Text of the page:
Las Vegas investigative reporter found fatally stabbed outside home

LAS VEGAS, NEV. - MARCH 21: A view of the Las Vegas Strip, from the The Cosmopolitan Hotel on Thursday, March 21, 2019 in Las Vegas, Nev. (Kent Nishimura / Los Angeles Times)
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Award-winning Las Vegas Review-Journal reporter Jeff German was found fatally stabbed outside his home on Saturday morning, according to local media and police reports.

The Review-Journal reported that police responded to a 911 call around 10:30 a.m. Saturday and found German, 69, dead outside his home with stab wounds. Police believed German was in an altercation before the stabbing, and that it appeared to be an isolated incident.

Police were searching for a suspect Sunday, according to the Associated Press.

“It is shocking and incomprehensible for everyone in our newsroom. It’s a huge blow. Jeff was a beloved, looked-up-to, trusted and incredibly valuable person in our organization,” executive editor Glenn Cook said in an interview. “And it goes without saying that we are going to miss him terribly and it’s simply not going to be the same coming back into the newsroom and him not being a part of it.”

Cook said that German hadn’t communicated any concerns over his safety to the paper’s leadership team.

“It’s our hope that they find this person very quickly so that we can get answers to all the questions that we have as his colleagues and friends, as it relates to the work we all do,” he said.

German was previously a longtime columnist and reporter for the Las Vegas Sun, where he covered courts, politics, labor, government and organized crime, according to his biography. He joined the Review-Journal in 2010, where his investigative work spanned stories on organized crime, political corruption and government failures.

Cook said German’s “bread and butter” was “breaking big stories,” with many of his investigations leading to significant reforms.

“It is very difficult to imagine what Las Vegas would be like today if not for all of his accountability reporting over the last few decades,” he said. “Jeff was not one of these larger-than-life personalities in the newsroom. But you could tell he had almost this kind of grouchy streak and if he was walking around the newsroom with a furrow in his forehead, you knew something big was up and that he was close. That’s how you knew Jeff was about to break a big one.”

"We were saddened to hear of Jeff German’s death. Looking at the body of his work over the years, it’s clear he had a major impact on Las Vegas and Clark County," Diana R. Fuentes, executive director of Investigative Reporters and Editors, wrote in an email to The Times. "He was doing what all of us as journalists aspire to do: hold those in power accountable and give voice to the voiceless."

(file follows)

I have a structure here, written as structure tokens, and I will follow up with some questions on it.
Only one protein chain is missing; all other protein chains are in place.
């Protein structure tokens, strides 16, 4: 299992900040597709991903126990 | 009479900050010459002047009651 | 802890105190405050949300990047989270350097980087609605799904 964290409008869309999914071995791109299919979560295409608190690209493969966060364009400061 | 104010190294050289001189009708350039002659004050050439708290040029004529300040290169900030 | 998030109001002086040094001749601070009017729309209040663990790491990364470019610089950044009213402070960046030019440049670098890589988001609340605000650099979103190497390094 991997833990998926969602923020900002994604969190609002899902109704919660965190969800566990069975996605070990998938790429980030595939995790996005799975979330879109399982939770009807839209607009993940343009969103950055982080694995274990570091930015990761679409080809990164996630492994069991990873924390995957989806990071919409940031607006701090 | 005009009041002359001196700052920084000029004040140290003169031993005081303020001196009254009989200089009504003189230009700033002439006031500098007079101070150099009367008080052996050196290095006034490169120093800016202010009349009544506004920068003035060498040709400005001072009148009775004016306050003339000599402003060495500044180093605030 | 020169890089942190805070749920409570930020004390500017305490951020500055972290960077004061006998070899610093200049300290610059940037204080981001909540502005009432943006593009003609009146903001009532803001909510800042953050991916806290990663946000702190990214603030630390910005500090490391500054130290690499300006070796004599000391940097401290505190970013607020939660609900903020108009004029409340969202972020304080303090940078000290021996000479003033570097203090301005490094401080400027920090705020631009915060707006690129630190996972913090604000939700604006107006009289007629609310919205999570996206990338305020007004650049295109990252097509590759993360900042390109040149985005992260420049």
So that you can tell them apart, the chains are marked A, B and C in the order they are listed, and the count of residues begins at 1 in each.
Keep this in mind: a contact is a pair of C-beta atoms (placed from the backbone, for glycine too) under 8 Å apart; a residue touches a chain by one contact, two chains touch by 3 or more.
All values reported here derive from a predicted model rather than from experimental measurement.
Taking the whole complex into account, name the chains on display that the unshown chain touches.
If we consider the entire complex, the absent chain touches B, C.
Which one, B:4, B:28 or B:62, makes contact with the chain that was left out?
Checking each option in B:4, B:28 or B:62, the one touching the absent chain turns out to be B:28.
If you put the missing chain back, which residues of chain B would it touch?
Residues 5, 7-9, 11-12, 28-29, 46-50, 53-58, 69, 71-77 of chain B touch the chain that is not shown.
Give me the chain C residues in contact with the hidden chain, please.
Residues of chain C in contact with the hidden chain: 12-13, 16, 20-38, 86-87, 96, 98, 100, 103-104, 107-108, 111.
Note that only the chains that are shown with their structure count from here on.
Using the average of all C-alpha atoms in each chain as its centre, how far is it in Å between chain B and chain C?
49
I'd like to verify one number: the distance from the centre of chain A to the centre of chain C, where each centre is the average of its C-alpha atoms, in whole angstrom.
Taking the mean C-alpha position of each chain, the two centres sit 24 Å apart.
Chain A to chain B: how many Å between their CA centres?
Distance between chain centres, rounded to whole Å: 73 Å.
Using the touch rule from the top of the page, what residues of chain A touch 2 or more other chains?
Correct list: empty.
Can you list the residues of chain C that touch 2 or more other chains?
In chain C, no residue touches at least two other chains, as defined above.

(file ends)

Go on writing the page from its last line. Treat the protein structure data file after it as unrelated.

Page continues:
German was the author of a 2001 organized-crime book, "Murder in Sin City: The Death of a Las Vegas Casino Boss,” and was the writer and host for the second season of the Review-Journal's true-crime podcast “Mobbed Up: The Fight for Vegas."

In 2017, German broke news that the Mandalay Bay mass shooter targeted jet fuel tanks before spraying bullets from his hotel room on a country music festival crowd on the Las Vegas Strip, killing dozens of people, according to the Review-Journal.

"Shocked to learn of the death of longtime Las Vegas reporter Jeff German. This was a senseless act of violence. Loss of life in this manner is always shocking and must stop. We will be closely following the police investigation," Las Vegas Mayor Carolyn Goodman wrote on Twitter.

Nevada Gov. Steve Sisolak called German "tough but fair," and "a great mentor to young reporters."

Cook said German was unmarried and did not have children, but did have surviving siblings.

German’s colleagues will continue covering the story, Cook said, from the moment a suspect is arrested to the prosecution and adjudication of any case.

“We are going to be intensely reminded of his killing for a long time. And that’s hard,” Cook said, adding that the paper’s leadership is in the process of making grief counseling available to staff.

German's colleagues flooded social media to remember his work and presence in the newsroom. They characterized German as a dogged reporter with a passion for digging up the kind of stories that hold powerful people accountable and inspire changes in policy.

"Mourning my gifted friend and colleague," Rhonda Prast, the paper's assistant managing editor for investigations and engagement, wrote on Twitter. "So proud to have worked with you for the past 3 years on the I-team. A huge loss for me and #LasVegas."

“Jeff loved his job,” Cook said. “He loved being an investigative journalist. It’s all he wanted to do. And people like that are irreplaceable.”

This story originally appeared in Los Angeles Times.